Postcodes

There is some degree of confusion over what people mean by "postcode" when applied to modelling mortality in the United Kingdom. There are varying ways of using postcodes, depending how much of the full postcode is actually used. To illustrate, we will use the postcode of our office here in Edinburgh, which is EH11 2AS.

The EH part of our postcode is called the postcode region, of which there are 124 in the UK. This if often what people think of when they talk about postcodes and mortality, as the UK has large differences in mortality and longevity around the regions. However, with an estimated population of 60.6 million in mid-2006 according to the Office for National Statistics, there are hundreds of thousands of people in each postcode region. As you might imagine, grouping people arbitrarily by region is a fairly crude way of assessing their mortality characteristics. In fact, it can be downright misleading: the mortality characteristics of a lawyer in Aberdeen have more in common with another lawyer in Yorkshire, than with manual labourers in Aberdeenshire, for example.

Some researchers have used the postcode district (EH11) or the postcode sector (EH11 2), but the best way of using a postcode is to use it in its entirety, i.e. EH11 2AS. There are around 1.7 million postcodes in the UK, of which around 1.5 million are residential addresses. Straight away we can see the power of using the full postcode, since it covers on average 40 people. A postcode will usually cover a single street, and to walk down a street in the UK will give you a very good idea of the sort of person who lives there. Thus, the full postcode can give a much more detailed insight into someone's mortality characteristics than a fragment of the postcode can. A group of forty people in a street will be more homogeneous than a group of several hundred thousand.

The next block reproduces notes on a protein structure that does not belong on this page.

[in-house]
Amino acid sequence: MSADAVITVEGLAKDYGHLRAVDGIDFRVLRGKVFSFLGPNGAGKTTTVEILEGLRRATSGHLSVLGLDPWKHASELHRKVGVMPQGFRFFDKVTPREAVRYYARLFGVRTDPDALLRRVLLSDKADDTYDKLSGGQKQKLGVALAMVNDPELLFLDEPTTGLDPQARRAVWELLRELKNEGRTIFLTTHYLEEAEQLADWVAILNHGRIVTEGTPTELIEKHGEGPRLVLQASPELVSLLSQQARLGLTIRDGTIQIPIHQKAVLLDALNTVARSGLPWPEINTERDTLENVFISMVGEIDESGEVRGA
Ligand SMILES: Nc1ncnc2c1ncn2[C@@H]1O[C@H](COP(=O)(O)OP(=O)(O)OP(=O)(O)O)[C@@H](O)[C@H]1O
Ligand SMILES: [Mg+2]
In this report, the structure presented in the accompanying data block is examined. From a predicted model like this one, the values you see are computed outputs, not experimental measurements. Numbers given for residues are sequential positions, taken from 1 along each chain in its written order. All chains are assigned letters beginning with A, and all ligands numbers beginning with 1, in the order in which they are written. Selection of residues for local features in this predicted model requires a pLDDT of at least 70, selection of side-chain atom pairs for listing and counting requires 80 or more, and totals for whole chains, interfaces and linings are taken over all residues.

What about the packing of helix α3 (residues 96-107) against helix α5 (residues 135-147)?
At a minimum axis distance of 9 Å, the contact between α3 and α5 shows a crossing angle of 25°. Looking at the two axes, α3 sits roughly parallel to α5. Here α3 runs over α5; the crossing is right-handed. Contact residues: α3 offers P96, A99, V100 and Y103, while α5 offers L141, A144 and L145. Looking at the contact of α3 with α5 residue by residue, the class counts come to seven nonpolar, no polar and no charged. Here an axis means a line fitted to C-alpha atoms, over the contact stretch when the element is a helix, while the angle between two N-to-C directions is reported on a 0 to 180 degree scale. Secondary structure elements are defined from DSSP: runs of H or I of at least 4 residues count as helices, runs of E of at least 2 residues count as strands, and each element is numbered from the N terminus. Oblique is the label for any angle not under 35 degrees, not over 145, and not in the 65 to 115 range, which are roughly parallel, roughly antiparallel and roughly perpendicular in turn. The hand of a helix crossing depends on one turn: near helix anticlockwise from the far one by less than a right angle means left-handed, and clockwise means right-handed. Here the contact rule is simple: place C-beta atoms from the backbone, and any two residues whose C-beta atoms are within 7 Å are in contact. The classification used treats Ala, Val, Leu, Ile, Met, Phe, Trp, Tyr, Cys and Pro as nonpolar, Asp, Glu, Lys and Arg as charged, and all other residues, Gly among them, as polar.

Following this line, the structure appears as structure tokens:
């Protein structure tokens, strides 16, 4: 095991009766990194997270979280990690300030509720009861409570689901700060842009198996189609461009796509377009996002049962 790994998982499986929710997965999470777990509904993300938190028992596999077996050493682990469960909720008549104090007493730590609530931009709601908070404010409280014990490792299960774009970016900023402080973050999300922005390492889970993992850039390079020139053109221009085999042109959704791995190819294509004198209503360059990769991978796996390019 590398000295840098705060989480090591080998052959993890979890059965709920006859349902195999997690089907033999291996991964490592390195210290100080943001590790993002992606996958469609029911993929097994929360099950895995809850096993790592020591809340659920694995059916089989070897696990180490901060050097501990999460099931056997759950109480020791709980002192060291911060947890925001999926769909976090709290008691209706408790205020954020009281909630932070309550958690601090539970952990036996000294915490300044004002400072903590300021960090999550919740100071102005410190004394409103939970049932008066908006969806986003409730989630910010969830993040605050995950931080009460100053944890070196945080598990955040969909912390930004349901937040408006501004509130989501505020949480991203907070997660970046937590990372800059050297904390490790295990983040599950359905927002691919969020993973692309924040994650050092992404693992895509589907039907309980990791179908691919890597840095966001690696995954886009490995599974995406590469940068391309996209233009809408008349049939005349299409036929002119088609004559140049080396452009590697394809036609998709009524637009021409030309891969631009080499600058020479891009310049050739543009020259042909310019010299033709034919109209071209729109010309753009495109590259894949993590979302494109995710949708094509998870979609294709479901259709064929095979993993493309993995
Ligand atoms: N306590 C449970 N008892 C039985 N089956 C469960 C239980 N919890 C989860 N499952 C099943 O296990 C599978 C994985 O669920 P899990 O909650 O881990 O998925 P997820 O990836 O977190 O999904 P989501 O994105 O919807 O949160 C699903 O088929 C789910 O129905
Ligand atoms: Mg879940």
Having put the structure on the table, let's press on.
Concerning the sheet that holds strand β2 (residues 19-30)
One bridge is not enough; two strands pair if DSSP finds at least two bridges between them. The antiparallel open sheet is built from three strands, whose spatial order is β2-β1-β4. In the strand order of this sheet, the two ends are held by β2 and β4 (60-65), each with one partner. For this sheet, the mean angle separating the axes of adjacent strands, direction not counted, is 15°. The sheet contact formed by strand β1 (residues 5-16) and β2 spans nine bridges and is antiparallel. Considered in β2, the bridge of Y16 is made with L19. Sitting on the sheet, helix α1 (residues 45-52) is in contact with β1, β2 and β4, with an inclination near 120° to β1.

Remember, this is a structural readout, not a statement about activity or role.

Of course, it is unwieldy to work with postcodes directly in mortality analysis as there are 1.7 million of them. Instead we use a so-called geodemographic profiler to simplify postcodes into a geodemographic type. The purpose of a geodemographic type is simply to group similar people of similar lifestyles, regardless of what their actual geographic location is. For example, the Mosaic classification from Experian assigns the same type code A02 to postcodes as diverse as AB10 6HX (in Aberdeenshire) and YO10 4BG (in Yorkshire). In all there are 61 Mosaic type codes, which is obviously a far more manageable number than 1.7 million postcodes. The Mosaic type codes are also fewer in number than the 124 postcode regions, but their best feature is that they are homogeneous: in our earlier example, the similar well-to-do lawyers now find themselves in the same Mosaic type code, AO2, rather than in the separate AB and YO regions. As a result, mortality analyses using geodemographic profilers are far more powerful than simple geographic regions.

 

Comments

captcha

Find by key-word


RECENT POSTS

Favourite stories can, in the process of retelling, turn into ... Read more
For centuries, the life table has been at the centre ... Read more
Last week I presented at Longevity 14 in Amsterdam.  A ... Read more
Stephen Richards
Stephen Richards is the Managing Director of Longevitas
Geodemographics in Longevitas

Longevitas users can control the geodemographic profiler used in the Deduplication tab in the Configuration area. The Upload Processing section contains a drop-down option list for available profilers. Options for UK data include Mosaic, Acorn, P2, Health Acorn, FSS, CAMEO and Personicx.

A variety of other options exists for territories outside the UK, such as the USA, Canada and the Netherlands. Note that each profiler requires a separate licence from the owner: Experian for Mosaic and FSS, CACI for Acorn and Health Acorn, Beacon Dodsworth for P2, Eurodirect for CAMEO and Acxiom for Personicx.